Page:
He was born in 1922 in the same street as George Bernard Shaw, the eldest of five children of a carpenter and a devoutly religious mother who sent him initially to a convent, giving him a mortifying reputation as a cissy when he transferred to an all-boy school. An interest in writing poetry did not help; but the bullying led to his decision to take up boxing which proved, in turn, a path to radio and TV.

His first employer, at an insurance company where he took a job as a clerk, put up with five years of freelance boxing commentaries for Irish radio, before suggesting that Andrews was better suited to broadcasting than checking claim forms. Taking the hint, the young Irishman decamped to Britain and in 1948, at the age of 26, won the job of compering an offbeat radio quiz called Ignorance Is Bliss. Among his unsuccessful rivals was another great broadcaster in the making, Gilbert Harding, who was soon to team up with Andrews, David Nixon, Isobel Barnett and Barbara Kelly in one of BBC's first major television successes, What's My Line?

At the same time, meanwhile, Mr Andrews laid the foundations of a showbusiness empire back in Ireland, specialising in theatrical advertising and property, as a failsafe in case his career as a performer fizzled out. Combining with a former rival, Fred O'Donovan, he set up a company in Dublin in 1948 which became the biggest entertainments conglomerate in the country. Cannily managed, it flourished until 1984 when recession in Ireland drove one of its enterprises, a floating nightclub on the River Liffey, into bankruptcy. The collapse tumbled the rest of Mr Andrews' Irish business interests into receivership but left his British operations intact.

The centrepiece of these, a programme which became synonymous with Eamonn Andrews and endlessly figures in the top twenty TV ratings, was This Is Your Life, the televised biography sprung on celebrities since 1955. Mr Andrews made the wise investment of buying the rights to the series, and to What's My Line? whose lady chicken-sexers and other curious characters came close to rivalling the This is Your Life red book in the public's affection.

Eamonn Andrews always denied any secret formula for his success, which also earned large audiences for his children's programme Crackerjack, the pioneering chat programme, The Eamonn Andrews Show, the ITV news review Today and more obscure ventures like a money programme called Mind Your Own Business. He profited from his genuine delight in television and a lifelong conviction that the medium was designed, above all, for entertainment rather than preaching or education.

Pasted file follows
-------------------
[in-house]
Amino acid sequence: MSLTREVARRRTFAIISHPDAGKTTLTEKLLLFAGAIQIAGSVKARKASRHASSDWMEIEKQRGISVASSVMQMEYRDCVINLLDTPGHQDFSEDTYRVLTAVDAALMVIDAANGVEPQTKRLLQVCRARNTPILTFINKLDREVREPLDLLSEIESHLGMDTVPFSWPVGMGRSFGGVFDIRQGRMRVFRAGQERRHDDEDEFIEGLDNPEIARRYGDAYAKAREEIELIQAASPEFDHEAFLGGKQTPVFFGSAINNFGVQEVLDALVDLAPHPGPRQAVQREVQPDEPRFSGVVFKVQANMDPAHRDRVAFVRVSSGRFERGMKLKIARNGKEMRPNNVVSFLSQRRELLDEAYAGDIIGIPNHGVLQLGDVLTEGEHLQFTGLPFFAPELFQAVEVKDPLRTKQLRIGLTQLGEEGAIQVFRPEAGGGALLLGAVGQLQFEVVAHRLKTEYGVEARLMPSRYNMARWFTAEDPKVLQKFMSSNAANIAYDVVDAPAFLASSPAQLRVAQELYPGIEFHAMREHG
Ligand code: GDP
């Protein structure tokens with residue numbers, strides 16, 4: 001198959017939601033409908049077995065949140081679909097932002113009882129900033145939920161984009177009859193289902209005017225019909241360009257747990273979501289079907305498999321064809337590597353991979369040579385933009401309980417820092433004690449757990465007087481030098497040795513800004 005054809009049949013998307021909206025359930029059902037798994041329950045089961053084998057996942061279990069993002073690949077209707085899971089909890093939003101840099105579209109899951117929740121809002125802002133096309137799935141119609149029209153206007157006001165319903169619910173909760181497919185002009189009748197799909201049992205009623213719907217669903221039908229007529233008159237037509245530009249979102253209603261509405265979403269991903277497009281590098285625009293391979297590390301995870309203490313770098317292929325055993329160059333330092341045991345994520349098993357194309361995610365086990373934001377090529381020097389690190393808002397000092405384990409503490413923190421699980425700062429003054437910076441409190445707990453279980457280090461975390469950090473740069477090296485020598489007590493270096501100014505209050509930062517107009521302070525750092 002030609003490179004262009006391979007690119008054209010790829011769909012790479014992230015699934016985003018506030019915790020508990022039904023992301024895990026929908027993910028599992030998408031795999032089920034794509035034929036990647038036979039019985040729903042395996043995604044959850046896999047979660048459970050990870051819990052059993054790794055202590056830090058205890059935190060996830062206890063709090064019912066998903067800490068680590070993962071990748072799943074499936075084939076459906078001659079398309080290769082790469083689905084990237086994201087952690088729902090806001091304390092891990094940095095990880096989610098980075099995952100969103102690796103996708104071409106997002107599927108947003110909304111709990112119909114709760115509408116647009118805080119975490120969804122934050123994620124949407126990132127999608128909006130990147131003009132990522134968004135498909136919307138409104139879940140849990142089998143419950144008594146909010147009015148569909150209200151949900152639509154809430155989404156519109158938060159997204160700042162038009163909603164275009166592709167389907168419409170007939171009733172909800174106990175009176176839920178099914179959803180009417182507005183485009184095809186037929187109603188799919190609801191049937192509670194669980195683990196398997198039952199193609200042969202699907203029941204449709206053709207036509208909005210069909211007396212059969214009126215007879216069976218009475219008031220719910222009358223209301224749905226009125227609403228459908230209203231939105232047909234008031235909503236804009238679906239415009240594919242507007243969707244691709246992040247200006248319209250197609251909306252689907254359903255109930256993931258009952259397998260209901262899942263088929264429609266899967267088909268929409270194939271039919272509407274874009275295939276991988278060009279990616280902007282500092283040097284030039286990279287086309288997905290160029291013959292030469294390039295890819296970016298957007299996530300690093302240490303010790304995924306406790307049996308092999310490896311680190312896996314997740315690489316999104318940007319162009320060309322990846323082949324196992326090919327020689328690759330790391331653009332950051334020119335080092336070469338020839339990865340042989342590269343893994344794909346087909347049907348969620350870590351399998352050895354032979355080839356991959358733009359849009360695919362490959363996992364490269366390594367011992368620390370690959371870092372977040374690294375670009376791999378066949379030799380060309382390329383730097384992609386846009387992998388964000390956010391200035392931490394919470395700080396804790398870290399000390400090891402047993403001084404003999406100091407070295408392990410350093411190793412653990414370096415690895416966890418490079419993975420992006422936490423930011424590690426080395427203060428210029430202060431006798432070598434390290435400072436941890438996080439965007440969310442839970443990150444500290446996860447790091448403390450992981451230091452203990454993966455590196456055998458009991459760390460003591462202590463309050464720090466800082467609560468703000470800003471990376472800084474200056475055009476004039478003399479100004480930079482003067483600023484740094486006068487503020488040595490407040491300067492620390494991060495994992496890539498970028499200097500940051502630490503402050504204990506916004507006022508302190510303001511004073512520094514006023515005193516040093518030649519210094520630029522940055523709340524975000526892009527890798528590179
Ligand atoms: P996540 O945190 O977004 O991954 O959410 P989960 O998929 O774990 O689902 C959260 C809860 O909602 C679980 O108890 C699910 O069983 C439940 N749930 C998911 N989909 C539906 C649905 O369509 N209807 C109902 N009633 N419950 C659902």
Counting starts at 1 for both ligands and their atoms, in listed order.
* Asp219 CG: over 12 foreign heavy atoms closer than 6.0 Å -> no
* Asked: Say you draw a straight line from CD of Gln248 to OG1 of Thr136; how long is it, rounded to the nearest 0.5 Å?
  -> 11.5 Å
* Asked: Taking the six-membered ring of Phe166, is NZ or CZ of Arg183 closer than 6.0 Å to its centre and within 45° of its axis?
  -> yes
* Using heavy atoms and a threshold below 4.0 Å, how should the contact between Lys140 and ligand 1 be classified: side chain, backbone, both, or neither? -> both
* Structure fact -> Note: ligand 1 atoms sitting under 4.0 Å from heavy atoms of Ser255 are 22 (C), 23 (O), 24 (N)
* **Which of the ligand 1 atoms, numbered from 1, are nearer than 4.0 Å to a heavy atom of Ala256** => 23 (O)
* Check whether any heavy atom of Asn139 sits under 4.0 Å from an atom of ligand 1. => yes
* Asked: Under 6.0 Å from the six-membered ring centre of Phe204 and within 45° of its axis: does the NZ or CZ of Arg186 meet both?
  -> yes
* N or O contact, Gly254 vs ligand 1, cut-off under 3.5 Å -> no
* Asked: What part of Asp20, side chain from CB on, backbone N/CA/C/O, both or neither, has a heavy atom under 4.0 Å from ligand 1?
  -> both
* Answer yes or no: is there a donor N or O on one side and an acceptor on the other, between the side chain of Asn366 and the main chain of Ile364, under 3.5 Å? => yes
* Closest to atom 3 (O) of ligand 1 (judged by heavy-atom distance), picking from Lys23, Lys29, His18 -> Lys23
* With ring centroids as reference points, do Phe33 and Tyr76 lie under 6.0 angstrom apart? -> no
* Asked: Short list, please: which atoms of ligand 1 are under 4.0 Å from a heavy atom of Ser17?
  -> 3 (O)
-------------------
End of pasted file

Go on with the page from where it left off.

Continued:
"The great leveller has always been, and always will be, that television will always fail the day it forgets that entertainment, sad and tinselly though it is, is the prime purpose," he said. This humble, unpompous approach seemed to strike a chord with viewers, who also appreciated Andrews' two great technical abilities, think quickly on screen and maintain an enviable flow of words. They approved, too, of his distinctive, unfailing courtesy to guests, even if it earned him a joint nickname with David Frost in broadcasting circles. Frost was the television's arsenic, said the wags, Andrews its old lace.

Mr Andrews' size – 6ft 1in and well-built – and boxing ability doubtless gave him the self-confidence not to bully, but his good nature was not something carefully nurtured for the screen. His 36-year marriage to Grainne, who survives him, was a happy one and he was devoted to his three adopted children, Emma, who is now 26, Fergal, 23, and a second daughter Niamh, who is 19. The critics, inevitably, loved to rubbish his shows as populist nonsense, but he seldom attracted personal attacks or spite. He was a devout Catholic and in recent years wrote a weekly column for the Catholic Herald.

If his faith is justified, the recording angel will now be ticking off a list of sober achievements to his credit, including the chairmanship of the committee which brought television to the Irish Republic. But his chief memorial will be his programmes, the style he bequeathed to successors like Terry Wogan, and that memorable catchphrase, presumably irresistible to St Peter when he unlocks the Gates: "This is your life."